The eurozone slipped back into deflation in April, according to the latest numbers released by Eurostat on Friday morning.
Eurostat’s latest flash data showed that consumer prices in the single currency area fell by 0.2% in April.
Economists had expected inflation to fall by 0.1%, slipping from the 0.0% at March’s reading, so the reading is troubling.
The number means that prices are once again falling, having come out of deflationary territory in March, and are well behind the 2% target set by the ECB for inflation.
On a year-to-year basis core consumer prices grew by 0.8%, against a forecast of 0.9% and a previous reading of 1%.
Core prices are an important measure because they strip out the most volatile items — things like fuel and food prices, which are subject to massive variations.
It is worth noting that Friday’s data is just a flash reading, meaning that it could be revised when the final numbers drop in mid-May.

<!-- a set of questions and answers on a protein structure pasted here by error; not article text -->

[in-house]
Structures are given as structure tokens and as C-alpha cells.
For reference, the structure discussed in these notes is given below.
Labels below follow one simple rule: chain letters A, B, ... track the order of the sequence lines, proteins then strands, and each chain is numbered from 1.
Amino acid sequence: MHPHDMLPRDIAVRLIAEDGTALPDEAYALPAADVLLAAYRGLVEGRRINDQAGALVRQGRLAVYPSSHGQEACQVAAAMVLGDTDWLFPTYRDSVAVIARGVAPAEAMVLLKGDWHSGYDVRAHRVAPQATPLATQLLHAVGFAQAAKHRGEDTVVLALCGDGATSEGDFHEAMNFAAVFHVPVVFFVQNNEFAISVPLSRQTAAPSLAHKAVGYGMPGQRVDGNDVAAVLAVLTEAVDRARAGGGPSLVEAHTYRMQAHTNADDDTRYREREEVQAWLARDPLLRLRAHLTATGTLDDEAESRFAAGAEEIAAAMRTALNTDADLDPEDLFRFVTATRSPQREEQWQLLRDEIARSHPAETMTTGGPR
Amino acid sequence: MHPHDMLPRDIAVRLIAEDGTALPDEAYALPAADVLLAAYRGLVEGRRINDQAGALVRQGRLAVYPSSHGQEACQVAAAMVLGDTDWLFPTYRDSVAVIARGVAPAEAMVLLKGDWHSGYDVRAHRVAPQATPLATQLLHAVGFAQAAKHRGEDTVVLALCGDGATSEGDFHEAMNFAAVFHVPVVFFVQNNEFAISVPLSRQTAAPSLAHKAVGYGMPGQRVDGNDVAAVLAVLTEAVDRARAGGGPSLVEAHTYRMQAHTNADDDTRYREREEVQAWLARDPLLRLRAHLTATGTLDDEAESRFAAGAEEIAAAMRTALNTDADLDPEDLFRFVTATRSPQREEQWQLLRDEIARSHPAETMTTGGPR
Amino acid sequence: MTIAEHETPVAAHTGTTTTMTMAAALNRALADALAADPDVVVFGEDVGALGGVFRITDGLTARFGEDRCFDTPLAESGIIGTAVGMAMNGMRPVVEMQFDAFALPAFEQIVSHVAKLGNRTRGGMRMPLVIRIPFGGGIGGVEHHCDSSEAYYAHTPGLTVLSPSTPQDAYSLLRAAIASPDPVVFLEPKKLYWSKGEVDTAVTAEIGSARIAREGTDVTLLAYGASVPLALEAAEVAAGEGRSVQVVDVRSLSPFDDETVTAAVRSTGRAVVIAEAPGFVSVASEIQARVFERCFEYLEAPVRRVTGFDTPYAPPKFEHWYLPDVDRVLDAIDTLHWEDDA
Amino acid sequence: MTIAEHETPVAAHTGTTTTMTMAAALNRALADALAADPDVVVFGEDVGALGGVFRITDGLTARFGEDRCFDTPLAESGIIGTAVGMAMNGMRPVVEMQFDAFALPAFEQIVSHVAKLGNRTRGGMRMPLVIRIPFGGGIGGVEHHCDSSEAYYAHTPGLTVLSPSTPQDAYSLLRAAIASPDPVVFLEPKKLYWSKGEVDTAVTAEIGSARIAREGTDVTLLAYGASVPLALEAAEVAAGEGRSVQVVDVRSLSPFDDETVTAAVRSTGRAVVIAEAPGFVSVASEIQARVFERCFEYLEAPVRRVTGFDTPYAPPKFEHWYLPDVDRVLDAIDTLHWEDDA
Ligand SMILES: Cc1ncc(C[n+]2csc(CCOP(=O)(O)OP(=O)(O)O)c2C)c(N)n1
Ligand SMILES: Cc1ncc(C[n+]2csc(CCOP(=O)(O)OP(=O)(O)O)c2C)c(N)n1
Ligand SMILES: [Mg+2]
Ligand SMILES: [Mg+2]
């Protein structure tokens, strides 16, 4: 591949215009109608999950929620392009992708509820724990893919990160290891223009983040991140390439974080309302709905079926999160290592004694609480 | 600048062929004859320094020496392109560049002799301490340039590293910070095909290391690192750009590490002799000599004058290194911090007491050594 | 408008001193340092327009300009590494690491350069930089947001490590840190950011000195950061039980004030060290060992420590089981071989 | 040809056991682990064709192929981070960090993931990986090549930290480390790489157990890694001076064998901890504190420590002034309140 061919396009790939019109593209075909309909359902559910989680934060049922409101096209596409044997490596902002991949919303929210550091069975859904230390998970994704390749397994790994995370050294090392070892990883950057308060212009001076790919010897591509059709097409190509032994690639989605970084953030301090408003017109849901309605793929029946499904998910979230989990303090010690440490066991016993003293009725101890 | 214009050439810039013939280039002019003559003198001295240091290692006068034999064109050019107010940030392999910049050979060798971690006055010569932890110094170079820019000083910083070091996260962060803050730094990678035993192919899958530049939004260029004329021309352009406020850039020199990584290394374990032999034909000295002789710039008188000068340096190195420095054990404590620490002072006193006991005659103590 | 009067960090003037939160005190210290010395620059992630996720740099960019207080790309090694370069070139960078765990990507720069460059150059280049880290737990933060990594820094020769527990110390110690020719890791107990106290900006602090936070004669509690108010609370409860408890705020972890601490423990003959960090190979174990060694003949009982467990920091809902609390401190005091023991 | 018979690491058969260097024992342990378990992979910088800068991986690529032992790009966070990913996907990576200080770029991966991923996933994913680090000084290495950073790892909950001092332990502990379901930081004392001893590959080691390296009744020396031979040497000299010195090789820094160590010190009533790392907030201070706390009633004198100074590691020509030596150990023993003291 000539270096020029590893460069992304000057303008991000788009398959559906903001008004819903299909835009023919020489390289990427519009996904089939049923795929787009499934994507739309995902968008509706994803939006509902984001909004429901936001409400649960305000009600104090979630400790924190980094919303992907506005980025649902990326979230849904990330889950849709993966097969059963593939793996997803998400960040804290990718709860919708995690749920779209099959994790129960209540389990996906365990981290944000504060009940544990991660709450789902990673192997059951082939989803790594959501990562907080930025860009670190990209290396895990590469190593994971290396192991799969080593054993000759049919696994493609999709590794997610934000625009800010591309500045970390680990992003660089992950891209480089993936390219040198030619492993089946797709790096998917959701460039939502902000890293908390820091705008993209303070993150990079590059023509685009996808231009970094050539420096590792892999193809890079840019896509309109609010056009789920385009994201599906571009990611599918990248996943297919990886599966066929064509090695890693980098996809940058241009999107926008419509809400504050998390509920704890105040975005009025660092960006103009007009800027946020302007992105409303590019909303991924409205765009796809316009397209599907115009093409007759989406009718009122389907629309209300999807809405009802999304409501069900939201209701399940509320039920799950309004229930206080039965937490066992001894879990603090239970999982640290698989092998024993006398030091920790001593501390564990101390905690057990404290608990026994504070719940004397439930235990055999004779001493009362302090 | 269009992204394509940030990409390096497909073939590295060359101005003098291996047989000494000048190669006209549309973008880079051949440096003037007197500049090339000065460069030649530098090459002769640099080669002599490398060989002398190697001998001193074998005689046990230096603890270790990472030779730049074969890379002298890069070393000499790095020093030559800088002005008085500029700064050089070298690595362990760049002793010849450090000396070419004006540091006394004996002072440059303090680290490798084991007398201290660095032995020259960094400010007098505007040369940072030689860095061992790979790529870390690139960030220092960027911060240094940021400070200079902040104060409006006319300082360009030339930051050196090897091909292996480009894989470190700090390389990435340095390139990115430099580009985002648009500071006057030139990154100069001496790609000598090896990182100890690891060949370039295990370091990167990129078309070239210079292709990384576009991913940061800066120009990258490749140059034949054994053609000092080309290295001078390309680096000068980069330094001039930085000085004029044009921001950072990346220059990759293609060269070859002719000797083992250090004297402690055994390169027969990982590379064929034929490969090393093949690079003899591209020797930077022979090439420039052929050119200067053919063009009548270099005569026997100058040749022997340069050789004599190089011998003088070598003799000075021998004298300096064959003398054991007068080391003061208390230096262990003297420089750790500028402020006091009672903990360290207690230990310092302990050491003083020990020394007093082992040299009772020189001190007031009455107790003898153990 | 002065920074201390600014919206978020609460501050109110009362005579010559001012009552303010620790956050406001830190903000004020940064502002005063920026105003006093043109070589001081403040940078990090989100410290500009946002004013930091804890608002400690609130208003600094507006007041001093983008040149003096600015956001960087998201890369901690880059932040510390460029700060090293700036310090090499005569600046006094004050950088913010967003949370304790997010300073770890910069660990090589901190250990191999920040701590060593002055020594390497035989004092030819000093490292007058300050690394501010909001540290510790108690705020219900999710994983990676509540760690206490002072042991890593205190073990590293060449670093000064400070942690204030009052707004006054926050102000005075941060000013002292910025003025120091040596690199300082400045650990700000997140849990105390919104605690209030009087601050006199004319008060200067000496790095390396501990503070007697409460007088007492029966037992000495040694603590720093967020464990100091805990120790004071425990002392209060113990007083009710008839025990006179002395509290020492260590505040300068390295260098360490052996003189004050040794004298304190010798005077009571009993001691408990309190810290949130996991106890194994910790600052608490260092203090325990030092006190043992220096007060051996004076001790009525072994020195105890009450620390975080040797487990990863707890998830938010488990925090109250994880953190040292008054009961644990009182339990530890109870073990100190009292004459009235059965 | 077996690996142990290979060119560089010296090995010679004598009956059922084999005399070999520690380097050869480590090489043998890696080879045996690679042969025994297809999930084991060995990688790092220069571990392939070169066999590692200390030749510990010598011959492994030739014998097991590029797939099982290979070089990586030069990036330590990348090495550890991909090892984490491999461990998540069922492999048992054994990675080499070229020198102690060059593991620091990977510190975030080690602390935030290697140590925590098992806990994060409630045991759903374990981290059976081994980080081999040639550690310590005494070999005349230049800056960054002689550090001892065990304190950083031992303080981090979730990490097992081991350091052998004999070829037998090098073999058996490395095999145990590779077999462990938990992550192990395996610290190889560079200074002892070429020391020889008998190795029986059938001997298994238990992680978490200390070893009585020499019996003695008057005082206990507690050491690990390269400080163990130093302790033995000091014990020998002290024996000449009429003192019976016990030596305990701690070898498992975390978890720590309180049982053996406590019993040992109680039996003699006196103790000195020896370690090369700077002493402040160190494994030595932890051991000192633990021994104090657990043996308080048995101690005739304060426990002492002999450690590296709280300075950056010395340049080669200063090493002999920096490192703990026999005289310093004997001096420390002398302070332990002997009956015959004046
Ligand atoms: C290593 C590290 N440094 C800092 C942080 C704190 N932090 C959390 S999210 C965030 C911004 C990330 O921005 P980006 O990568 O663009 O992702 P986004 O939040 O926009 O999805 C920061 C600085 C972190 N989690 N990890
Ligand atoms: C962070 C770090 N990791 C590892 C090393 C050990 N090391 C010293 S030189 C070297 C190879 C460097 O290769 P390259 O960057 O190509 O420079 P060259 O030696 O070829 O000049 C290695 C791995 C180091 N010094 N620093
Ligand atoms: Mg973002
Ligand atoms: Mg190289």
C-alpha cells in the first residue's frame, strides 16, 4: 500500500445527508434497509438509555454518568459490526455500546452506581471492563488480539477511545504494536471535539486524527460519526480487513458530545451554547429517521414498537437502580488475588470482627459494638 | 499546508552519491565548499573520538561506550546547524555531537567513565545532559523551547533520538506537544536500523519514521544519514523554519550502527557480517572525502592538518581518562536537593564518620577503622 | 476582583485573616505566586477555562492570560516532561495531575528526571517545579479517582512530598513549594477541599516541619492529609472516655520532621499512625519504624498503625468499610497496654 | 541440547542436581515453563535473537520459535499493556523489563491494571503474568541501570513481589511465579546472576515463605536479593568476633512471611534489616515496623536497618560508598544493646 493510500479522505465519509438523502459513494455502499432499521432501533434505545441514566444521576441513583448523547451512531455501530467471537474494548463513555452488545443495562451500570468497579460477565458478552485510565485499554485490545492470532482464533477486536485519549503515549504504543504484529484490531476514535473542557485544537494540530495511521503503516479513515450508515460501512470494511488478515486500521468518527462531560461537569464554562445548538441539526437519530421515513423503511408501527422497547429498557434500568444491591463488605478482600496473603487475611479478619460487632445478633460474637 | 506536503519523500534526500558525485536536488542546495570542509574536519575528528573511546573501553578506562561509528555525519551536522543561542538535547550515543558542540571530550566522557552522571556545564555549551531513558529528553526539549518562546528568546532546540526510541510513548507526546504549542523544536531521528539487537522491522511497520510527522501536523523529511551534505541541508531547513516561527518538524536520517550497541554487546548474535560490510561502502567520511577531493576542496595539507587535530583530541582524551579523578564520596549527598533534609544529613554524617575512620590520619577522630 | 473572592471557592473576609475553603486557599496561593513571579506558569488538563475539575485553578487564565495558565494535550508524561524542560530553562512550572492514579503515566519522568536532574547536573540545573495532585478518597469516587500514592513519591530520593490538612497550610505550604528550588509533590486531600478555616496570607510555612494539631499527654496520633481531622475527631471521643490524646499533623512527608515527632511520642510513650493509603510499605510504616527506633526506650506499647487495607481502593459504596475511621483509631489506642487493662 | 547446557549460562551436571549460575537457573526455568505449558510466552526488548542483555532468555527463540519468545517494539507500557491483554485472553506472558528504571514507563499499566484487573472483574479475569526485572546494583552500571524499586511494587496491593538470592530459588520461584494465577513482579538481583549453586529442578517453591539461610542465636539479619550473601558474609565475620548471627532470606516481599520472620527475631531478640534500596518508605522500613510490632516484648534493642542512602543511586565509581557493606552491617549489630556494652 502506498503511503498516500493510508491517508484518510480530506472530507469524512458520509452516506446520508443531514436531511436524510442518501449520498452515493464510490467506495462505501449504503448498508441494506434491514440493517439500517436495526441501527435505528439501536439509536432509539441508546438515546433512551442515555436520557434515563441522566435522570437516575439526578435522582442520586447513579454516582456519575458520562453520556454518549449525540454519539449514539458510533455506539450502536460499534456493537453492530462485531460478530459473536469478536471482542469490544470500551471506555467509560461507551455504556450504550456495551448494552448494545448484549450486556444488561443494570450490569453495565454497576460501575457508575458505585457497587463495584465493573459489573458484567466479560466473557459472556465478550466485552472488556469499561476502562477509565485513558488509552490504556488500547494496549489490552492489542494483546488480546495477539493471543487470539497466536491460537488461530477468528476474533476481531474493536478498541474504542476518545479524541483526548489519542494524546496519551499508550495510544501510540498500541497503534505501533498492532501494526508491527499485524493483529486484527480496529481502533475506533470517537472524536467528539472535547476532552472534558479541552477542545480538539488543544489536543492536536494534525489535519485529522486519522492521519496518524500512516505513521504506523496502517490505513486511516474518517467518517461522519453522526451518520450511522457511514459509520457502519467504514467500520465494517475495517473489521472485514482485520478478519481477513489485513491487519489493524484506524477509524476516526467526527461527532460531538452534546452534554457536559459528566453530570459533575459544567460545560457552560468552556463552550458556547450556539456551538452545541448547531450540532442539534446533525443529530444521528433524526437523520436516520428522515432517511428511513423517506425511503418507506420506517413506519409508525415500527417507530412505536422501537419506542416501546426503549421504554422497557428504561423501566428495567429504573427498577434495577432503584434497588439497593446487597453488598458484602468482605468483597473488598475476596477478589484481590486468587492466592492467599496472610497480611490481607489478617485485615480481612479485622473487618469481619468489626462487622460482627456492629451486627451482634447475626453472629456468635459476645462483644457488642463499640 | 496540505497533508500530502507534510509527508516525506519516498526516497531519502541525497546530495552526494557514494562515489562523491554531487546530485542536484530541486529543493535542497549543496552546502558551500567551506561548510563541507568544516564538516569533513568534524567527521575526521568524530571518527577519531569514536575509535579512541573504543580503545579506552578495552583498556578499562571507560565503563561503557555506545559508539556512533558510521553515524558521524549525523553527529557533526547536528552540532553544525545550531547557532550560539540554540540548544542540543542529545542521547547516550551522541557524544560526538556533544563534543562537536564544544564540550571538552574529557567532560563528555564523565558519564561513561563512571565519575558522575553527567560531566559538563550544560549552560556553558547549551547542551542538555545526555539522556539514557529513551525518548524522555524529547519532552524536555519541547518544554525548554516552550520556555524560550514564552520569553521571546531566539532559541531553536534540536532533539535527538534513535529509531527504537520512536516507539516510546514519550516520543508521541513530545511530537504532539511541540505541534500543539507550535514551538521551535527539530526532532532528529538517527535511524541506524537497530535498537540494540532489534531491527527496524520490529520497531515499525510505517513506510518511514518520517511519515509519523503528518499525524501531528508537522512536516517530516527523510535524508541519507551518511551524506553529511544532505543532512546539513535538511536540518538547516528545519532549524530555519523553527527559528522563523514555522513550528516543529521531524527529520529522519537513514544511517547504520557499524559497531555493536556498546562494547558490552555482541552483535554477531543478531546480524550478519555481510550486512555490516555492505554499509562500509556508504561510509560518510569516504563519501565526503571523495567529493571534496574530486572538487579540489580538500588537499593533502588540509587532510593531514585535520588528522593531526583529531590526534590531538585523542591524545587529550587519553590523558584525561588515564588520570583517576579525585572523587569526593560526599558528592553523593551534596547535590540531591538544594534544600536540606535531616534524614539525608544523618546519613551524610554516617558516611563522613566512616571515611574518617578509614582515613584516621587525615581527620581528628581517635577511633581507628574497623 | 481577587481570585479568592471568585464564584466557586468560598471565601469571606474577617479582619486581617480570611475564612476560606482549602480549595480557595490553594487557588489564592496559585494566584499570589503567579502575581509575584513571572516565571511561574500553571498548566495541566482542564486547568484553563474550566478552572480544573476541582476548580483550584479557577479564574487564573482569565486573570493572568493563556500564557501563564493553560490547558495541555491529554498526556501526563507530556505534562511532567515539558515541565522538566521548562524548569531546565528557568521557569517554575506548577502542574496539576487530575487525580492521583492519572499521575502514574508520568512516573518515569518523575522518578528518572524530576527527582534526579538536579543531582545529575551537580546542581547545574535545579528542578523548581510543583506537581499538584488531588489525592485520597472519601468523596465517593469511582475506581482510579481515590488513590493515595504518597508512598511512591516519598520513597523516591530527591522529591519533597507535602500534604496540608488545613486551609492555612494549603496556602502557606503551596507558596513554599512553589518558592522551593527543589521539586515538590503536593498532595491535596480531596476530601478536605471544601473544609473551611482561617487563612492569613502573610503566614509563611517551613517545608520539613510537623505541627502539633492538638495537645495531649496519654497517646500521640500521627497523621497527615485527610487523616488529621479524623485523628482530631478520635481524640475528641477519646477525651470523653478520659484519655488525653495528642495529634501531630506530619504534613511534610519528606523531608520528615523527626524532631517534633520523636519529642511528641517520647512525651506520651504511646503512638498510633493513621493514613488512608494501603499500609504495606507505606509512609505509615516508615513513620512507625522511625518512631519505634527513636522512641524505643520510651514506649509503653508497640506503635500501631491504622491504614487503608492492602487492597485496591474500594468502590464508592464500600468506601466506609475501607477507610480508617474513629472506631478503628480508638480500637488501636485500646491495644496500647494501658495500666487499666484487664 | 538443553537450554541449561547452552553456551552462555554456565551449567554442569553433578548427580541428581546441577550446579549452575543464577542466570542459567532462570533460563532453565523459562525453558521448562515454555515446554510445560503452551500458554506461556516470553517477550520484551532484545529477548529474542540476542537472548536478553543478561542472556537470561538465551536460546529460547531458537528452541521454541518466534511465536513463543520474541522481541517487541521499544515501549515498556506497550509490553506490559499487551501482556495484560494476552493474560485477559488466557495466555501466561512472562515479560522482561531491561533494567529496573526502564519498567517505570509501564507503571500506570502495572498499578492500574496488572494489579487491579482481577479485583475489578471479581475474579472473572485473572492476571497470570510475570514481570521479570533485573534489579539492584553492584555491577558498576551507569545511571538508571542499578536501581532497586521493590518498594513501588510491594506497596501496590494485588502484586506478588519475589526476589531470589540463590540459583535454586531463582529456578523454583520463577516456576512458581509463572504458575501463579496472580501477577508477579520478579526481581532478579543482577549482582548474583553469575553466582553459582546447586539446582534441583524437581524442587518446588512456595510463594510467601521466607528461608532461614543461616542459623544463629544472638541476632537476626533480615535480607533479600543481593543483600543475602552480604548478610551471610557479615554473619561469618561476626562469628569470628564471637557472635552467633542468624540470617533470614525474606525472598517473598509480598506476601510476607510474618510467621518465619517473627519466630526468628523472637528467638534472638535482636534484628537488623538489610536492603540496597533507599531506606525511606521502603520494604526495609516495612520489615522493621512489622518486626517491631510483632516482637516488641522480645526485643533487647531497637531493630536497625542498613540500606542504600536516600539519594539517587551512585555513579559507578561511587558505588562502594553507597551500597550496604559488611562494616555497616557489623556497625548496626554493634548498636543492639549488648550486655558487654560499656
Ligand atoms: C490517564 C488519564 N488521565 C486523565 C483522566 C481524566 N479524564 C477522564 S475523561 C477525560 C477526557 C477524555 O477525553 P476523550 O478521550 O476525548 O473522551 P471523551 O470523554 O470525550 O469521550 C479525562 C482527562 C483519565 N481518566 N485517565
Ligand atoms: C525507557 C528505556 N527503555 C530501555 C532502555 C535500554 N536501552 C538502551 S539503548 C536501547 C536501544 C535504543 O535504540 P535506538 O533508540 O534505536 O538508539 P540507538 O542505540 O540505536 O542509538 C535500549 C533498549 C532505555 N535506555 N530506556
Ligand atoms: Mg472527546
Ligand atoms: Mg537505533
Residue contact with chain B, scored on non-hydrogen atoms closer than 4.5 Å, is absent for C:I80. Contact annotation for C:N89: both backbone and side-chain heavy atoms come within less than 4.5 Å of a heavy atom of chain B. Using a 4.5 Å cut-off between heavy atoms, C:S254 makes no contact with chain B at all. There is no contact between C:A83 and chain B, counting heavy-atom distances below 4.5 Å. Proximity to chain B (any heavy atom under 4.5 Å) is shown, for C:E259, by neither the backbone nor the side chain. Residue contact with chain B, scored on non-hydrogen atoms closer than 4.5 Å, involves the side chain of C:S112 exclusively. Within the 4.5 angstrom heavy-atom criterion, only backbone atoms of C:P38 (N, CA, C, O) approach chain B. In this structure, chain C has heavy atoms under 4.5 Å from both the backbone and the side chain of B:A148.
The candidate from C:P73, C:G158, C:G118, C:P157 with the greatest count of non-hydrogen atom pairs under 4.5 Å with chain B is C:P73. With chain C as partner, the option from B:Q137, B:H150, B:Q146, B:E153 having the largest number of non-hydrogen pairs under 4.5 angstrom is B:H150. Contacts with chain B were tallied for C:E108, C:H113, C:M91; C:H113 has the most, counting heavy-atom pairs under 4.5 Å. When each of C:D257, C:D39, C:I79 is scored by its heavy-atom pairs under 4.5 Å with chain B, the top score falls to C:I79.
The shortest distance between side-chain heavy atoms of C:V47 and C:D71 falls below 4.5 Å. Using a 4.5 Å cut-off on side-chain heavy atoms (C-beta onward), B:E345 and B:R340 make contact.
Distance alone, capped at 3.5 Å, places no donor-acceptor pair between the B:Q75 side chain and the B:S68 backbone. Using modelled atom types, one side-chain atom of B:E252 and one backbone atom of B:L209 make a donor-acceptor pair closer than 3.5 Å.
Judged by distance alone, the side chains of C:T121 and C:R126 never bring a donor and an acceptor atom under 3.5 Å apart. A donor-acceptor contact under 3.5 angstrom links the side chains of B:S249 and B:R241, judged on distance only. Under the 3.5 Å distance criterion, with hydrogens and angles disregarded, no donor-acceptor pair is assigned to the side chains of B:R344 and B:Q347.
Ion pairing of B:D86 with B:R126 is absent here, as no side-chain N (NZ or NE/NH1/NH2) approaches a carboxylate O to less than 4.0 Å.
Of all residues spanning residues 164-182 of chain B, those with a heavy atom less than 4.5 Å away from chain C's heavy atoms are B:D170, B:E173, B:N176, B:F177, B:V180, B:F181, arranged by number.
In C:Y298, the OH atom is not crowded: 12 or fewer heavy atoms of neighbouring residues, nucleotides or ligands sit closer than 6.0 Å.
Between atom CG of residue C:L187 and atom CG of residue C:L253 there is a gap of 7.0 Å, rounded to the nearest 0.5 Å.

Here’s an extract from Eurostat’s release accompanying the data:
Looking at the main components of euro area inflation, services is expected to have the highest annual rate in April (1.0%, compared with 1.4% in March), followed by food, alcohol & tobacco (0.8%, stable compared with March), non-energy industrial goods, (0.5%, stable compared with March) and energy (-8.6%, compared with -8.7% in March).
A large part of the eurozone’s extremely low inflation right now is down to the slump in the price of oil over the last year — but the core figure shows that other prices aren’t rising by as much as the ECB would like, either. Here’s a breakdown of the core areas of goods tracked by Eurostat:
The eurozone has been flirting with price deflation for the past year or so, largely hovering just above zero since early 2015, but slipping below zero a couple of times in early 2016.
Friday’s eurozone CPI figures are the third set to be released since European Central Bank and its president Mario Draghi announced a series of new monetary policy measures, including cutting all its base rates, and extending its programme of bond buying.
The measures are designed to try and boost stalling inflation, as well as growth, within the Eurozone. So far the ECB’s negative interest rate policy (NIRP) hasn’t managed to stimulate inflation, although Draghi said in an interview with German newspaper Bild this week that “our policy is working” when speaking about criticisms of the ECB.